The United States is fighting a fire in the world economy, but Germany and some other European countries fear a flood of inflation as a result.
The Great Debate UK
The following is a guest contribution. Reuters is not responsible for the content and the views expressed are the authors' alone. Sarah Sayeed is Program Associate and Matthew Weiner is Program Director at the Interfaith Center of New York.
from Africa News blog:
Far from being all bad news for Africa, the global financial crisis is a chance to break a dependence on development aid that has kept it in poverty, argues Zambian economist Dambisa Moyo, who has just published a new book “Dead Aid”.
from The Great Debate:
Arms control is back and will thaw icy relations between the United States and Russia this year, but how far the new detente goes depends on the truculent mood in Moscow.
President-elect Barack Obama has been getting a lot of advice these days on how to deal with Muslims and Islam. He invited it by saying during his campaign that he either wanted to convene a conference with leaders of Muslim countries or deliver a major speech in a Muslim country "to reboot America’s image around the world and also in the Muslim world in particular”. But where? when? why? how? Early this month, I chimed in with a pitch for a speech in Turkey or Indonesia. Some quite interesting comments have come in since then.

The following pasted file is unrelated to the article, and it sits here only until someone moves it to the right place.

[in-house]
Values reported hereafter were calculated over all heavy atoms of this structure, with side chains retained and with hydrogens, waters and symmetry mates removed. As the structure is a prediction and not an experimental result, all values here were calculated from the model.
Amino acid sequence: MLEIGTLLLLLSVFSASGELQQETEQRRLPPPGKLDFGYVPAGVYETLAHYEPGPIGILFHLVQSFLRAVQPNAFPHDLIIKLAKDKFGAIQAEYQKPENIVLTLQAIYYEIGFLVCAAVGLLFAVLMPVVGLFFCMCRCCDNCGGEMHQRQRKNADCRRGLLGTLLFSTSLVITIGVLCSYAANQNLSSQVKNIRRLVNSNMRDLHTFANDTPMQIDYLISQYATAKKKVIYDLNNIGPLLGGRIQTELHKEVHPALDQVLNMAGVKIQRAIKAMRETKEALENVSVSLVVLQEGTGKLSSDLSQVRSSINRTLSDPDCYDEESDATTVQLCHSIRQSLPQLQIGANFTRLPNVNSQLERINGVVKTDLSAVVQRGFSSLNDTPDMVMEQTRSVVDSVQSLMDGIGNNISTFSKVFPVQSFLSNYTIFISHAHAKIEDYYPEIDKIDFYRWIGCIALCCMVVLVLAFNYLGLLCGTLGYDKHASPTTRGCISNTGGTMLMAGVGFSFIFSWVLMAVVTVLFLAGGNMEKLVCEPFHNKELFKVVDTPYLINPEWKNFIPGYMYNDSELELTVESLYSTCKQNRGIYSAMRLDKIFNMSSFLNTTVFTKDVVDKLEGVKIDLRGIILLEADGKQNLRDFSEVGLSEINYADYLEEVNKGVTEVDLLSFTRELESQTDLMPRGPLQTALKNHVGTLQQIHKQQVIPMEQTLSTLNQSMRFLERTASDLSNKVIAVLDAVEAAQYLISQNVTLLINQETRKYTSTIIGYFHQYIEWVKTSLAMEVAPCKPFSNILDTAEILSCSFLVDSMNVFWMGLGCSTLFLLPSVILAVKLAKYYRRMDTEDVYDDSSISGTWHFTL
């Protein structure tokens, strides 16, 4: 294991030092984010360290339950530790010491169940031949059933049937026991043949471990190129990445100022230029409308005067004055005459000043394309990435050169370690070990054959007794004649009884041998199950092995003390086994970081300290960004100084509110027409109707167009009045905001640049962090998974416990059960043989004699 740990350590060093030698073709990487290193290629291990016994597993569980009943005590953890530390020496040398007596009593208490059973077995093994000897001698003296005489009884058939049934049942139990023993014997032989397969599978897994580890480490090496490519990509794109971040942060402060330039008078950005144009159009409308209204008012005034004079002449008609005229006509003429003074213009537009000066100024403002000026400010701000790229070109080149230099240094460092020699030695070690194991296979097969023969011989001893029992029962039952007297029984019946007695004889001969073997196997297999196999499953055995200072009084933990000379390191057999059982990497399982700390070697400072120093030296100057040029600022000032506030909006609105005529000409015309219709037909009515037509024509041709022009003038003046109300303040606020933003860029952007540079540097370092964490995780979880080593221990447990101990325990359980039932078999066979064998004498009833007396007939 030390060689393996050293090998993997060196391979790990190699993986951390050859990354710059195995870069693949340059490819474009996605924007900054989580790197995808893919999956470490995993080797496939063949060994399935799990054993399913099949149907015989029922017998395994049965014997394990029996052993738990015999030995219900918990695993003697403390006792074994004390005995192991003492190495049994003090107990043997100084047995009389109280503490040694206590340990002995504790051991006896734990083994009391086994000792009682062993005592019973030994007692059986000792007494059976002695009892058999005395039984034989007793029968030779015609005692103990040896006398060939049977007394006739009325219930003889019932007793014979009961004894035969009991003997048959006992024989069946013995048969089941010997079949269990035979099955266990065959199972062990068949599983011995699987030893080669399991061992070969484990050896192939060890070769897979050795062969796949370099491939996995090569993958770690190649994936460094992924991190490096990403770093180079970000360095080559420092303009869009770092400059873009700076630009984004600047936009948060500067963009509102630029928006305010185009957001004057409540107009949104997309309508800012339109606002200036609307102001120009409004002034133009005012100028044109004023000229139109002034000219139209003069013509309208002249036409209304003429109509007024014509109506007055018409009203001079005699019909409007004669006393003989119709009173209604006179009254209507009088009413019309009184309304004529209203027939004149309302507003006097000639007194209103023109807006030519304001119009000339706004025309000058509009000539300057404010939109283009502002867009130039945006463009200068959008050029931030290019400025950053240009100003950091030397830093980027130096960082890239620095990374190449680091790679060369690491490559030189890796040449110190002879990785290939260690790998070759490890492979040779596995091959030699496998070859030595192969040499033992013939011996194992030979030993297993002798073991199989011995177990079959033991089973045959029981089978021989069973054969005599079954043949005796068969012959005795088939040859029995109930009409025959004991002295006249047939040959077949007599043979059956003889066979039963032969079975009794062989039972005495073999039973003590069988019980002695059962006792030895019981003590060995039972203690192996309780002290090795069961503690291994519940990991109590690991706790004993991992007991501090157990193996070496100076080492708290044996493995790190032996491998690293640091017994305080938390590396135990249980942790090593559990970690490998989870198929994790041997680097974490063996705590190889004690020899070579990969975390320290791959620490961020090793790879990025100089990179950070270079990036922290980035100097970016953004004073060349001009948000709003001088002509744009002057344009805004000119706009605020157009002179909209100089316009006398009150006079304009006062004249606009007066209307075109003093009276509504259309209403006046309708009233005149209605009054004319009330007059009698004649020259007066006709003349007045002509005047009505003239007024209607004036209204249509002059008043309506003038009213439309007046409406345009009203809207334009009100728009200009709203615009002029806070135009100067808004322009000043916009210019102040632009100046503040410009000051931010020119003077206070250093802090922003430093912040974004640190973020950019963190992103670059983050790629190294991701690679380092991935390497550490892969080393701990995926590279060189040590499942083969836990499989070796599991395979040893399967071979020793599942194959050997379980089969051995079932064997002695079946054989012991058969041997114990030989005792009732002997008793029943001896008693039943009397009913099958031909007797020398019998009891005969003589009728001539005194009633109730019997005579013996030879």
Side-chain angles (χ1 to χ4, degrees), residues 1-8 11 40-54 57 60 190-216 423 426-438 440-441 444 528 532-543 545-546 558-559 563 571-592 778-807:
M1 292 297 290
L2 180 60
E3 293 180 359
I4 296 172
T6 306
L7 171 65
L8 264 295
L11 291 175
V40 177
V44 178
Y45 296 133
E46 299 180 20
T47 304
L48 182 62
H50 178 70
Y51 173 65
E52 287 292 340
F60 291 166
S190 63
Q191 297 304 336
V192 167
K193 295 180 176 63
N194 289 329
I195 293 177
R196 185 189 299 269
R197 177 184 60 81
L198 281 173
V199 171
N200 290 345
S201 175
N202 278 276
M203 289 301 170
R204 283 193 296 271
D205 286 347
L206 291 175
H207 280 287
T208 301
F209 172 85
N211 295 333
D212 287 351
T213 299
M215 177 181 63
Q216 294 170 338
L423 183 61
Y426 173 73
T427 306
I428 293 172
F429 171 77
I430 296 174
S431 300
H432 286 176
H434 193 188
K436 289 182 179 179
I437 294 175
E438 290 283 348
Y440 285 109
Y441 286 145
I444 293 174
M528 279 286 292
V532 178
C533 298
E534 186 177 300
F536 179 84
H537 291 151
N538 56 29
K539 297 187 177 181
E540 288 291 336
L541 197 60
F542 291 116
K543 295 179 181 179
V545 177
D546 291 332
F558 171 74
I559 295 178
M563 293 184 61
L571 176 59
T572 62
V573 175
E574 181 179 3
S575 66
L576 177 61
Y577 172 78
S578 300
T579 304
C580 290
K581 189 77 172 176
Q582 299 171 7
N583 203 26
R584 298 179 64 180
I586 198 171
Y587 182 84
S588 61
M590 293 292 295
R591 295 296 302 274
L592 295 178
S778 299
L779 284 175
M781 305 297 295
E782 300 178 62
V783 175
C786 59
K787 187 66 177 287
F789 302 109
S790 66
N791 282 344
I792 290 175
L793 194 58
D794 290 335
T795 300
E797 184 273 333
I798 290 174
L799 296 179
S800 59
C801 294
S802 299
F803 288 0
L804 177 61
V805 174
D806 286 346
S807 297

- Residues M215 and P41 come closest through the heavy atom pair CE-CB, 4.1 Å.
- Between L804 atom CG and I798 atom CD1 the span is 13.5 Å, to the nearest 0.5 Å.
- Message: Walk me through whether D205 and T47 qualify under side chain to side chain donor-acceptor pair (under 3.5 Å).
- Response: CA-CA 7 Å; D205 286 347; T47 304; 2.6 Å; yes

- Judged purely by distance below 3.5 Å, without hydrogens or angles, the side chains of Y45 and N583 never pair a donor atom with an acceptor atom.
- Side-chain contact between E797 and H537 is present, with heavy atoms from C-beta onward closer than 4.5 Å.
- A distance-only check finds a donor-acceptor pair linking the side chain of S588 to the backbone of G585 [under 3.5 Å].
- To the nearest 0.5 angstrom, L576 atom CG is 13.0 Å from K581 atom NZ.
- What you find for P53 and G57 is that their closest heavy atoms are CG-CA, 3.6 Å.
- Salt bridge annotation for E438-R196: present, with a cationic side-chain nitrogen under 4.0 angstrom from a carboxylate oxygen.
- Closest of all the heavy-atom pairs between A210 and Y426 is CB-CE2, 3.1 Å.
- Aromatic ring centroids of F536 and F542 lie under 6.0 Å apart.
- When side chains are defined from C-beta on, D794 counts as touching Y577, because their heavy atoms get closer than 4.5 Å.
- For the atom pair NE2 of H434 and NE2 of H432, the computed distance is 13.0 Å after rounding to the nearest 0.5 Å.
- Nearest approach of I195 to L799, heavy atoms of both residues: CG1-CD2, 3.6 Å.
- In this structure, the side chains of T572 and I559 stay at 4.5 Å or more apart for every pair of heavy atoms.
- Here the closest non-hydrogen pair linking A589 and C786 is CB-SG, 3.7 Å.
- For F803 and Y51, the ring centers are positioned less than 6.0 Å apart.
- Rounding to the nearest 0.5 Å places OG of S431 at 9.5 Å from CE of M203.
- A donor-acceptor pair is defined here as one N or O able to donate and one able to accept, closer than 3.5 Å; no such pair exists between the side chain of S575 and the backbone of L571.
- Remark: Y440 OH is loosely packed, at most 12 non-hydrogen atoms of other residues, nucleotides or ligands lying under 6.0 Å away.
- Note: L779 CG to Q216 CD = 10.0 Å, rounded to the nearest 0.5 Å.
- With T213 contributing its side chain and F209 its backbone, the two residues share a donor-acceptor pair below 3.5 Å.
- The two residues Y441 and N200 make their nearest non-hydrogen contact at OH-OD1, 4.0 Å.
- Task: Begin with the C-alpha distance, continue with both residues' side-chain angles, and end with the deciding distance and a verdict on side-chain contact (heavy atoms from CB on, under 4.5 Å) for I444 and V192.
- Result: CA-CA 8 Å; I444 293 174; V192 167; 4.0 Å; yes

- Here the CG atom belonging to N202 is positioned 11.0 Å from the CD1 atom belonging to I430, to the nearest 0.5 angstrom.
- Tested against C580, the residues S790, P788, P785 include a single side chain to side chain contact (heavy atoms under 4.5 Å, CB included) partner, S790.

There's been a lot of discussion over the past few months on this and other blogs about Barack Obama and religion. Looking back at it now that the campaign is over and he is starting to shape his administration, it's interesting to see how many of those discussions shed little light on what he would actually do. There were comments about him being a hidden Muslim, for example, or not a real Christian. That speculation seemed based on thin evidence and the assumption he was running for preacher and cleric-in-chief rather than president and commander-in-chief. As a journalist covering religion in public life, after learning whether a candidate professes a certain faith, I want to know how that faith will really influence his or her decisions in office. This is not necessarily the same as listing the soundbite positions used on the campaign trail.
from Pakistan: Now or Never?:
In the immediate aftermath of the Mumbai attacks, India's response has been to look to the United States to lean on Pakistan, which it blames for spawning Islamist militancy across the region, rather than launching any military retaliation of its own. So after U.S. Secretary of State Condoleeza Rice's trip to India and Pakistan last week, have the Americans done enough for now?
from The Great Debate:
With the U.S., Japan and Britain -- nearly 40 percent of the global economy -- facing the threat of deflation, it's going to be just too easy for one, two or all three of them to get the policy response horribly wrong.